------------------
Mike Hurta
(Aug98)
Gold#25
Clute, Texas
www.chevelles.com/feature/aug98.html
 

·
Registered
Joined
·
1,525 Posts
Wait, wait, I gotta go back to Cardiac's comments, " Most street cars don't go over 5000 rpms." You gotta be kidding. You mean street cars like grndma's Caprice, or street cars like our street cars. The fun just starts happening at 5!!!!
 

·
Gold Founding Member
Joined
·
978 Posts
Discussion Starter #18
IgnitionMan...which coil do you recommend and what do i need bessides the coil to get it installed... which wires and looms do you recommend as well??

is there s diffeence in looms from a a performance perspective?? plastic rather than metal i suppose??

------------------
Rich
Cocoa Beach, Fla
Team Chevelle #380
[email protected]
www.chevelles.com/showroom/70_SS_454.jpg
 

·
Registered
Joined
·
330 Posts
70SS454, depending on just which distributor you want to use, there are a number of ways to go.

If the distributor is a large coil-in-cap HEI, and you wish to run it as the HEI, I suggest using MSD 8401 modified dust cap, 8202 ignition coil, and fabricate the coil wire from a spiral core wire from any good auto parts store. This setup will give a stock HEI, with remote MSD blaster II coil.

Same large cap HEI, for use with MSD ignition box and coil, and to remove the stock HEI module, use MSD 8400, uses 6A box, remote coil (no rev limiter), or the 8500, uses 6AL box, remote coil (with rev limiter in-box). Either of htese units is a great changeover to use.

If you wish to run the point distributor, I DO NOT advise using the Pertronix Ignitor or Unilite conversions, as the only benefit is the removal of points, not plug voltage increase.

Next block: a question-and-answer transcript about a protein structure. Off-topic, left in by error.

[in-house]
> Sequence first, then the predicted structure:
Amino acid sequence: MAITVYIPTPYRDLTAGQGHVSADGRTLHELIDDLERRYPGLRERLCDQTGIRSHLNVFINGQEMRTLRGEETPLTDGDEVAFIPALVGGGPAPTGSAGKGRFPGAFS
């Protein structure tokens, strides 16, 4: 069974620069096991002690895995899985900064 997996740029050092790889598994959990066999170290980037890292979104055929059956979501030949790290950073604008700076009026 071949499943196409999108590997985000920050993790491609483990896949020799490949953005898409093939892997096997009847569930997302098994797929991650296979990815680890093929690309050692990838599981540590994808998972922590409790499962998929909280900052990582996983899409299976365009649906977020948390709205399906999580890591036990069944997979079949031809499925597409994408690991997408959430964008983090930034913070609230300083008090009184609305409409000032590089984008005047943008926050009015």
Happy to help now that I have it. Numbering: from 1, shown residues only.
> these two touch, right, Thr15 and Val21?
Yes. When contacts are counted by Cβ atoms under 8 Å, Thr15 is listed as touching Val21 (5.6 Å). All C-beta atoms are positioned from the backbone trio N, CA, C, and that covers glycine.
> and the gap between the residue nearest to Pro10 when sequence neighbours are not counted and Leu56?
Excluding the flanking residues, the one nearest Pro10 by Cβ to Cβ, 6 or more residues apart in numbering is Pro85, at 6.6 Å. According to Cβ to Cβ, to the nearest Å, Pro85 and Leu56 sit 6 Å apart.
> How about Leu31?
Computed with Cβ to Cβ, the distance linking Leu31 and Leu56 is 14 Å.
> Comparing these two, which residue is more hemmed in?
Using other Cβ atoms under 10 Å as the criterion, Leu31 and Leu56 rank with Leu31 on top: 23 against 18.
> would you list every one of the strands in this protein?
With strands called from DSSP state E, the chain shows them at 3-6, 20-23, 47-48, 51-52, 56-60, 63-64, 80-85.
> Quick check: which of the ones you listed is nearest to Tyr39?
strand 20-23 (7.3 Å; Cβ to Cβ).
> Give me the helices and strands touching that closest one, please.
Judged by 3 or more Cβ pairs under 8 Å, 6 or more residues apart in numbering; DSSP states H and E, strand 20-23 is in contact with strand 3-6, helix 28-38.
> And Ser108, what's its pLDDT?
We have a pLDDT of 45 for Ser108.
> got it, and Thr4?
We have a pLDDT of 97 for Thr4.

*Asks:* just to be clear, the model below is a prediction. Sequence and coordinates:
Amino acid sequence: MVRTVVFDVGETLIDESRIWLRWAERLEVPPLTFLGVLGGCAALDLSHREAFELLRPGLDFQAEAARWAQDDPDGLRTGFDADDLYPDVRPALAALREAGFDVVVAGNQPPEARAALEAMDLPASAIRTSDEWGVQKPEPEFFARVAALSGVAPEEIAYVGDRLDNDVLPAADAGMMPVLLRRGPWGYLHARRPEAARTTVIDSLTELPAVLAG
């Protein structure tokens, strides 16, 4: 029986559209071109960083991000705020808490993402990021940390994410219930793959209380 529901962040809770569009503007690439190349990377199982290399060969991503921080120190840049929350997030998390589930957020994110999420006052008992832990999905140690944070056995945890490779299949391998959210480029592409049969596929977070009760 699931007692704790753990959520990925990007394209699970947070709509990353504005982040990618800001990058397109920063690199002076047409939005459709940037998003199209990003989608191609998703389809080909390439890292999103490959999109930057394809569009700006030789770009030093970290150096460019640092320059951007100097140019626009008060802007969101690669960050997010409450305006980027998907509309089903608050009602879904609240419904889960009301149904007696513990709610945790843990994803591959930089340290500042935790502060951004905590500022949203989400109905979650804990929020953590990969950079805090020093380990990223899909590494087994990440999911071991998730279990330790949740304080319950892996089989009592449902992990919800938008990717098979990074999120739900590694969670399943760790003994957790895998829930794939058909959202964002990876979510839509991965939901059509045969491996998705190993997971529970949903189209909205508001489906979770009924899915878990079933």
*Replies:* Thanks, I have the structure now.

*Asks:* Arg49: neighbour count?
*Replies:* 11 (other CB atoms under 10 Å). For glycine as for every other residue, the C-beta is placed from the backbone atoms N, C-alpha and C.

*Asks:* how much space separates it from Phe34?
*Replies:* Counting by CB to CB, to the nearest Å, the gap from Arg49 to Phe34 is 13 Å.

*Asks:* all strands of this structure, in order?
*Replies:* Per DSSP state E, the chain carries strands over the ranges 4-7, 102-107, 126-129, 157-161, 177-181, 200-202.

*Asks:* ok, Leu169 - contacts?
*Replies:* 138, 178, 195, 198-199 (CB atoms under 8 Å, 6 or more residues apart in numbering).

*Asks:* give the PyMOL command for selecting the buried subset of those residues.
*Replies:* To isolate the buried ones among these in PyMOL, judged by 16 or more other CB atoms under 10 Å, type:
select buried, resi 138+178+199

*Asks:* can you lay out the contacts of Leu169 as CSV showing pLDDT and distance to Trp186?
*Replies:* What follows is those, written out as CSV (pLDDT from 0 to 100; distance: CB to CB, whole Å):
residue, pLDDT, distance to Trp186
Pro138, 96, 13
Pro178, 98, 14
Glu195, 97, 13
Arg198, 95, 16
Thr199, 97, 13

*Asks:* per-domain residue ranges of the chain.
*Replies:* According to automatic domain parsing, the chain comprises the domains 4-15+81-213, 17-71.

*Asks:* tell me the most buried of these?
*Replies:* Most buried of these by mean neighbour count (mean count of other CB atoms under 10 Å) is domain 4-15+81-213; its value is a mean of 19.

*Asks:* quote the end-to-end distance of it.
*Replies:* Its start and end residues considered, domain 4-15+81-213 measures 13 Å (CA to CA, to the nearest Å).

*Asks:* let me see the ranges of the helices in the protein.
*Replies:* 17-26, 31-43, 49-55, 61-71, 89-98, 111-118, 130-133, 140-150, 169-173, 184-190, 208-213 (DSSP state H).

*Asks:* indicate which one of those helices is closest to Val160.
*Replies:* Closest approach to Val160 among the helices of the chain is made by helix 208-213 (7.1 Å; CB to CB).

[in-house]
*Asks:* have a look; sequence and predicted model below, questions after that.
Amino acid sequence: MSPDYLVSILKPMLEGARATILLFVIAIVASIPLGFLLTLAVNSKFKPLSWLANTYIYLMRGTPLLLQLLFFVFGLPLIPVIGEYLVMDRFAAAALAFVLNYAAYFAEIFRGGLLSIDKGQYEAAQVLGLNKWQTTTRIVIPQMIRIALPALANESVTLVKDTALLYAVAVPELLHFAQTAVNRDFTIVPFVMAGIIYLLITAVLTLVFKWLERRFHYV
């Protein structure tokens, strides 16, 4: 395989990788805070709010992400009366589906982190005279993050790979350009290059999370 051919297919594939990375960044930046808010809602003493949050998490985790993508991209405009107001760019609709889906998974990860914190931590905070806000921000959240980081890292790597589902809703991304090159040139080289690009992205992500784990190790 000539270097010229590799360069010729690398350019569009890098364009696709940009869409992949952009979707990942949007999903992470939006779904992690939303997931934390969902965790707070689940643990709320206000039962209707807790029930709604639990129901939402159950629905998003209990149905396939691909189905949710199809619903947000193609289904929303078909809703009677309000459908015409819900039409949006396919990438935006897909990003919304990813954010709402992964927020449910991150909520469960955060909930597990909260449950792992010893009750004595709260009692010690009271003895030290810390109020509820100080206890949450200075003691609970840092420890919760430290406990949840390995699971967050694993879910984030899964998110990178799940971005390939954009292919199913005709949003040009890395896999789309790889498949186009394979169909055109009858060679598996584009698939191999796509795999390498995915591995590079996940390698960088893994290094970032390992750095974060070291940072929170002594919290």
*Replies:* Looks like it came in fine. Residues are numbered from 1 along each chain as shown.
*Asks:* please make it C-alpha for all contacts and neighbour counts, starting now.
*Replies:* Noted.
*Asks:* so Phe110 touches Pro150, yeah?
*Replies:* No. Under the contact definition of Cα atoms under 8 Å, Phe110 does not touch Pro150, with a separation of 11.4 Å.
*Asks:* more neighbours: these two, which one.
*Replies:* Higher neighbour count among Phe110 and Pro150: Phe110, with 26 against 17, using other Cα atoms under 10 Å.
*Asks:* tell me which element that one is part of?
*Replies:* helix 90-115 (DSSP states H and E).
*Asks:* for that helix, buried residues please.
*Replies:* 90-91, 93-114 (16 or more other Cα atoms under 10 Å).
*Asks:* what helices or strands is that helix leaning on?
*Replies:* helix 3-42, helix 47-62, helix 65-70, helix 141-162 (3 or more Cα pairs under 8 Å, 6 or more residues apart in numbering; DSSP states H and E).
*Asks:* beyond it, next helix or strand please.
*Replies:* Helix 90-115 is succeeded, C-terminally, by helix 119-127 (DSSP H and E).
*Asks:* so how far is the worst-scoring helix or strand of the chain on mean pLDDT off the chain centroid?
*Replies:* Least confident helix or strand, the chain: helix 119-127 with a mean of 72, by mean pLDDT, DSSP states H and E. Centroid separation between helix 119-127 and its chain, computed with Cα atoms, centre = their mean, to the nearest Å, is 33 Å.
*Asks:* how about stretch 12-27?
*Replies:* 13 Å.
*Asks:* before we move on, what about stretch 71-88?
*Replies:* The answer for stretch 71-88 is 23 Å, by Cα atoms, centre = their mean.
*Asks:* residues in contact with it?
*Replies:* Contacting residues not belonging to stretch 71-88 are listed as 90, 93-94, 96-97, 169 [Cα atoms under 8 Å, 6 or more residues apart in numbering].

If you are interested in a dedicated HEI (not junk), or an MSD pickup trigger installed into your point distributor, please contact me at the e/mail address listed, and I can direct you to same.

ALWAYS, ALWAYS use a spiral core wire for the plugs, they are fully compatible with either an HEI or MSD setup. The best cost affective spiral core wire sets are the Borg-Warner SELECT wire sets, marketed by, of all stores< Pep Boys and others. Full lifetine warrantees and affordable cost for the wire sets, and they are the same as sets costing much more.

DO NOT let anyone talk you into an older set of wires, either non-spiral core or solid wire, the new ignition systems won't tolerate the cross firing and overworking of the systems these wires allow.

Always use plastic wire guides, the metal ones can contribute to spark voltage loss in the wire run to the plugs.

Hope this isn't too confusing.
 

·
Registered
Joined
·
45 Posts
I use an msd distributer, 6AL, and used a msd coil. I'm not impressed by the system. 45 KV is pathetic, and the amount of dwell the msd has is pathetic. Not to mention the pick up coil and reluctor constantly rust and seize up my advance weights. My 6AL box also loves to fry ignition coils. The multiple spark function is over at 3000 rpm. New cars with DIS have about 80 KV and 10 times the spark duration of single coil systems. If I were to pick an ignition system today I would buy an electromotive DIS.
 
1 - 20 of 29 Posts
Status
Not open for further replies.
Top